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What's the difference between irrevocable and revocable trusts?

Trusts were once thought of as something that only the very wealthy need have -- people of more modest means made do with ordinary wills to pass what they had on to their heirs.

However, trusts are increasingly becoming the modern way to pass money on to the next generation even among middle class Americans. Trusts often preserve a family's hard-earned wealth better than a will, which accounts for their growing popularity.

If you're considering a trust, it's important to understand the main differences between a revocable and irrevocable trust.

Revocable trust basics

A revocable, or "living," trust is established during the grantor's lifetime. He or she retains control over the trust and can revoke it or change it at any time. It's chief advantage is that assets that are in the trust can automatically be moved to an irrevocable trust when the grantor dies, which keeps those assets from being subject to probate taxes.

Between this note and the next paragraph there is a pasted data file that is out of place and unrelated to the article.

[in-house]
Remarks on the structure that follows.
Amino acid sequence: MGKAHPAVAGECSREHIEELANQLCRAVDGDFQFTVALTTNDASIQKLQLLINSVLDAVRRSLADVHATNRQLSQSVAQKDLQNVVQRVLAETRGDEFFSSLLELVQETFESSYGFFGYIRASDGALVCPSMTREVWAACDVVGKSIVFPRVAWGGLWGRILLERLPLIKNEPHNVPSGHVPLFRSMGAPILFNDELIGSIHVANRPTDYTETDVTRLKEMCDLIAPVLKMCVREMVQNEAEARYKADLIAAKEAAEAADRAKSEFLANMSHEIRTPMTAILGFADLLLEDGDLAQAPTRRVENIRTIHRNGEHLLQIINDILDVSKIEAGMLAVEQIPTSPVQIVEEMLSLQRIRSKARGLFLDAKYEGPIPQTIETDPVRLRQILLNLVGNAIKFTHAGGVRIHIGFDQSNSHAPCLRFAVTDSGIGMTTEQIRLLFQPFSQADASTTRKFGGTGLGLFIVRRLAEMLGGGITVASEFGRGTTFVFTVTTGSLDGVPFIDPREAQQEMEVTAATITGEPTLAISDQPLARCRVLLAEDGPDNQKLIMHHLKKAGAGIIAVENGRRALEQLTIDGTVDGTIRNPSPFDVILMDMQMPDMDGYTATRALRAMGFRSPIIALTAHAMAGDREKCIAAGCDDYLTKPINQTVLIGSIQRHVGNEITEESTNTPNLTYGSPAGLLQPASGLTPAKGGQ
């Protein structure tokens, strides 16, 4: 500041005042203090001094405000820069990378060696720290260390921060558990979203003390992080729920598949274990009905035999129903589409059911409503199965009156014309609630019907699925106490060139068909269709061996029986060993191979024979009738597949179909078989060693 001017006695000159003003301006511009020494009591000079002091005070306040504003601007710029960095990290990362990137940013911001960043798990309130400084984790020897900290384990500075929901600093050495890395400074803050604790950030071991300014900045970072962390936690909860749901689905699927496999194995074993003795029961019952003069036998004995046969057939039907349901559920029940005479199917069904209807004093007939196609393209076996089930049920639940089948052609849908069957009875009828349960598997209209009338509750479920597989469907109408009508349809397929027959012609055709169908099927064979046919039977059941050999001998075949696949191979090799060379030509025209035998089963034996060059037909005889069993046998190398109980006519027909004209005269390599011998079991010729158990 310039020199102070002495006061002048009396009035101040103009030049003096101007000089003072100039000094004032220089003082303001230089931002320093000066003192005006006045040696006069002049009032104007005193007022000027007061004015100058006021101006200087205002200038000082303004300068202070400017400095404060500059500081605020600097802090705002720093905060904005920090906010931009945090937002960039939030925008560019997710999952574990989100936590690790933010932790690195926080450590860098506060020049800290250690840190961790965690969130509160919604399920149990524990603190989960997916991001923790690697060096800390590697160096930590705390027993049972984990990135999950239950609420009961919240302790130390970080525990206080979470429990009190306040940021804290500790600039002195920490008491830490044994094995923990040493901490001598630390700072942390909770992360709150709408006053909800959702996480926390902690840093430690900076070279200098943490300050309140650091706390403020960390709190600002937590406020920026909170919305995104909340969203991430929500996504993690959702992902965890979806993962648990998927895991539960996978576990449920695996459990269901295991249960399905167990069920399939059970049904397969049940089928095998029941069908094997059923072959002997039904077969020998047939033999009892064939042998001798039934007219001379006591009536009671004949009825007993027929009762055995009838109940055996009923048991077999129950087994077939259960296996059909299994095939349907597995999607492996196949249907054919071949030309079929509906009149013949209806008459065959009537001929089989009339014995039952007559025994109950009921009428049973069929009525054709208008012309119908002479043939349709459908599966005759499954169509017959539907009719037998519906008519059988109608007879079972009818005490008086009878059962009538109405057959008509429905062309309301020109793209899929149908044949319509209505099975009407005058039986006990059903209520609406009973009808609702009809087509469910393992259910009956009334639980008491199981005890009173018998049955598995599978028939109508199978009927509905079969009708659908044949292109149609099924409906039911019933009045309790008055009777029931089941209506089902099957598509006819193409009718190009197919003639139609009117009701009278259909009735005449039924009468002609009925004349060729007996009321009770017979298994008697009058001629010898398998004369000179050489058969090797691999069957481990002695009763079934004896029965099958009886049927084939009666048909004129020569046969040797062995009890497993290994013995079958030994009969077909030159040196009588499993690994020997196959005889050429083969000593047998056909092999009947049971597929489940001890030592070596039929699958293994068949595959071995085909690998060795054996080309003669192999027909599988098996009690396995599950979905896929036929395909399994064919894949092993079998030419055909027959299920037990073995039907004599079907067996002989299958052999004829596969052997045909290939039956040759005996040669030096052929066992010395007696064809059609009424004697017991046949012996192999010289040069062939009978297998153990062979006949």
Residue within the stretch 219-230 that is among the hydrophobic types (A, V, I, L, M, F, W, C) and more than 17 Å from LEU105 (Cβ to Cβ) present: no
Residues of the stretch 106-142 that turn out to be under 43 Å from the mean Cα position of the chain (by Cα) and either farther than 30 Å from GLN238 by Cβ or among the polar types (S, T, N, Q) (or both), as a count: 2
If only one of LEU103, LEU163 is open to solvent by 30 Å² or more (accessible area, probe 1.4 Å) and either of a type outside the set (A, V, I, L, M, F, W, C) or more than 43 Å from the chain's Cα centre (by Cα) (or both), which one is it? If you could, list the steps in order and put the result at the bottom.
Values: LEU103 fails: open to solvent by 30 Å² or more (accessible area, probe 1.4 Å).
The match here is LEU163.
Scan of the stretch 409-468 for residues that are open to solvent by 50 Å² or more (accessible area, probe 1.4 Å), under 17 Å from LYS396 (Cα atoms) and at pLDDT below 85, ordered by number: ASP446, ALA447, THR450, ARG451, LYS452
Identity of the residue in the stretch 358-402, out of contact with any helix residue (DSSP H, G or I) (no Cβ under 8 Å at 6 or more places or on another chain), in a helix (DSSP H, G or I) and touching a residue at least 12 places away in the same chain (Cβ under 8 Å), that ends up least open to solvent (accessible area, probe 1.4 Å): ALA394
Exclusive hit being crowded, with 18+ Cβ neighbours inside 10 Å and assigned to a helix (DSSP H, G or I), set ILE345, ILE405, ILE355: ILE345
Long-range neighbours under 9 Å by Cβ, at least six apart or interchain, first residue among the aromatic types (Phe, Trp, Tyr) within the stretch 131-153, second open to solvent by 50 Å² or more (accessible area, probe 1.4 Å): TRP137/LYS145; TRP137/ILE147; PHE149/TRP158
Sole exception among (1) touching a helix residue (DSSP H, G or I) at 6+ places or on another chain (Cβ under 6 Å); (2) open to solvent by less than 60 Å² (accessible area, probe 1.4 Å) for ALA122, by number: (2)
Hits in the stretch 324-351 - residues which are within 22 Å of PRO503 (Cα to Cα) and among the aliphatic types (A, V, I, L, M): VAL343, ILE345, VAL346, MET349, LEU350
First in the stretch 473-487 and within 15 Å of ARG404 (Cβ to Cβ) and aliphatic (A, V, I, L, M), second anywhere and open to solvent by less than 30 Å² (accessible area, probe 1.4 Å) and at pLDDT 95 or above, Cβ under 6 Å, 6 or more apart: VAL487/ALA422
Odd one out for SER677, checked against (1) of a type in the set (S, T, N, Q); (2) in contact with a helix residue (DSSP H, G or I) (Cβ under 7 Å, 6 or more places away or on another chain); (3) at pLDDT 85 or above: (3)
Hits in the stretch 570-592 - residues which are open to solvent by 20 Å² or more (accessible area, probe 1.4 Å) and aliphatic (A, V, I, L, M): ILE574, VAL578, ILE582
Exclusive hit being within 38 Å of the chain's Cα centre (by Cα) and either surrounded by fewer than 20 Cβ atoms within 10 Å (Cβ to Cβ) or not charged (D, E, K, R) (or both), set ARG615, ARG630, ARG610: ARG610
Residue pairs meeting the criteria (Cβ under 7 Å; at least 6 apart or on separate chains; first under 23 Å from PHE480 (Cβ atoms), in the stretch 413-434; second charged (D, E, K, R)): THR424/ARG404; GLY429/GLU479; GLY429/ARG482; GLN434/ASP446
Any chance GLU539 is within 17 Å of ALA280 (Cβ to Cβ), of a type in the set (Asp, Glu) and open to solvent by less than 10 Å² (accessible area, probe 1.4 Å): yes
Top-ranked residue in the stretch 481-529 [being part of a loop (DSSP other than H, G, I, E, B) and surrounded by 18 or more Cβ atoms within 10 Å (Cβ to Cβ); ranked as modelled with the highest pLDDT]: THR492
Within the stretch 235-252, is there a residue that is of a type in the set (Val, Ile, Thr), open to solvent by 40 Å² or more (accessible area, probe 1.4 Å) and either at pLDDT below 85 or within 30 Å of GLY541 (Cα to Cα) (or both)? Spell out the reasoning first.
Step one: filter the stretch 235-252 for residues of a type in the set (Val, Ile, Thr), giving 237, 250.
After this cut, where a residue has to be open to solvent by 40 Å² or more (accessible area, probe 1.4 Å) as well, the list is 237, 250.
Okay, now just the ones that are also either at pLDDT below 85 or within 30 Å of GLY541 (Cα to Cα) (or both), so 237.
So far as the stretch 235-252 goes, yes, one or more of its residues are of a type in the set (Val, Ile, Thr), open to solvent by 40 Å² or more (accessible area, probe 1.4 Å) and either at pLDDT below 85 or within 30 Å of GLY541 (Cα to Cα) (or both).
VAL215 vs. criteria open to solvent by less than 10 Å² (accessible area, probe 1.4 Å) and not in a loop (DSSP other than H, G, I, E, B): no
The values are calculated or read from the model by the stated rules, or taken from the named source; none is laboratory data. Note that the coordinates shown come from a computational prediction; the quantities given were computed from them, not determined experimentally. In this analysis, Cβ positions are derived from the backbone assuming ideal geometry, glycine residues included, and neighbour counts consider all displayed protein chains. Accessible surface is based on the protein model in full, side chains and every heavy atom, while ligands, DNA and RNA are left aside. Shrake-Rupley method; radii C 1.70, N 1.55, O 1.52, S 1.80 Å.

Irrevocable trust basics

Irrevocable trusts, once they are created, are outside of the grantor's control. They are controlled by a trustee and cannot be altered without the trustee's permission. One of their chief benefits is that the assets they hold are usually protected from an individual heir's creditors -- which is not true for a revocable trust. Irrevocable trusts are also often multi-generational, in that they are designed to benefit both the grantor's current and future heirs (such as grandchildren not yet born).

Another benefit of an irrevocable trust over a will is that it is much harder for the beneficiaries to squabble over -- and a trustee can often rein in an heir that is a spendthrift and keep him or her from depleting assets that should last a lifetime.

For more information on trusts and other vehicles that can help you manage your assets and preserve them for your heirs, talk to an attorney today.

Source: FindLaw, "Types of Trusts," accessed July 14, 2017

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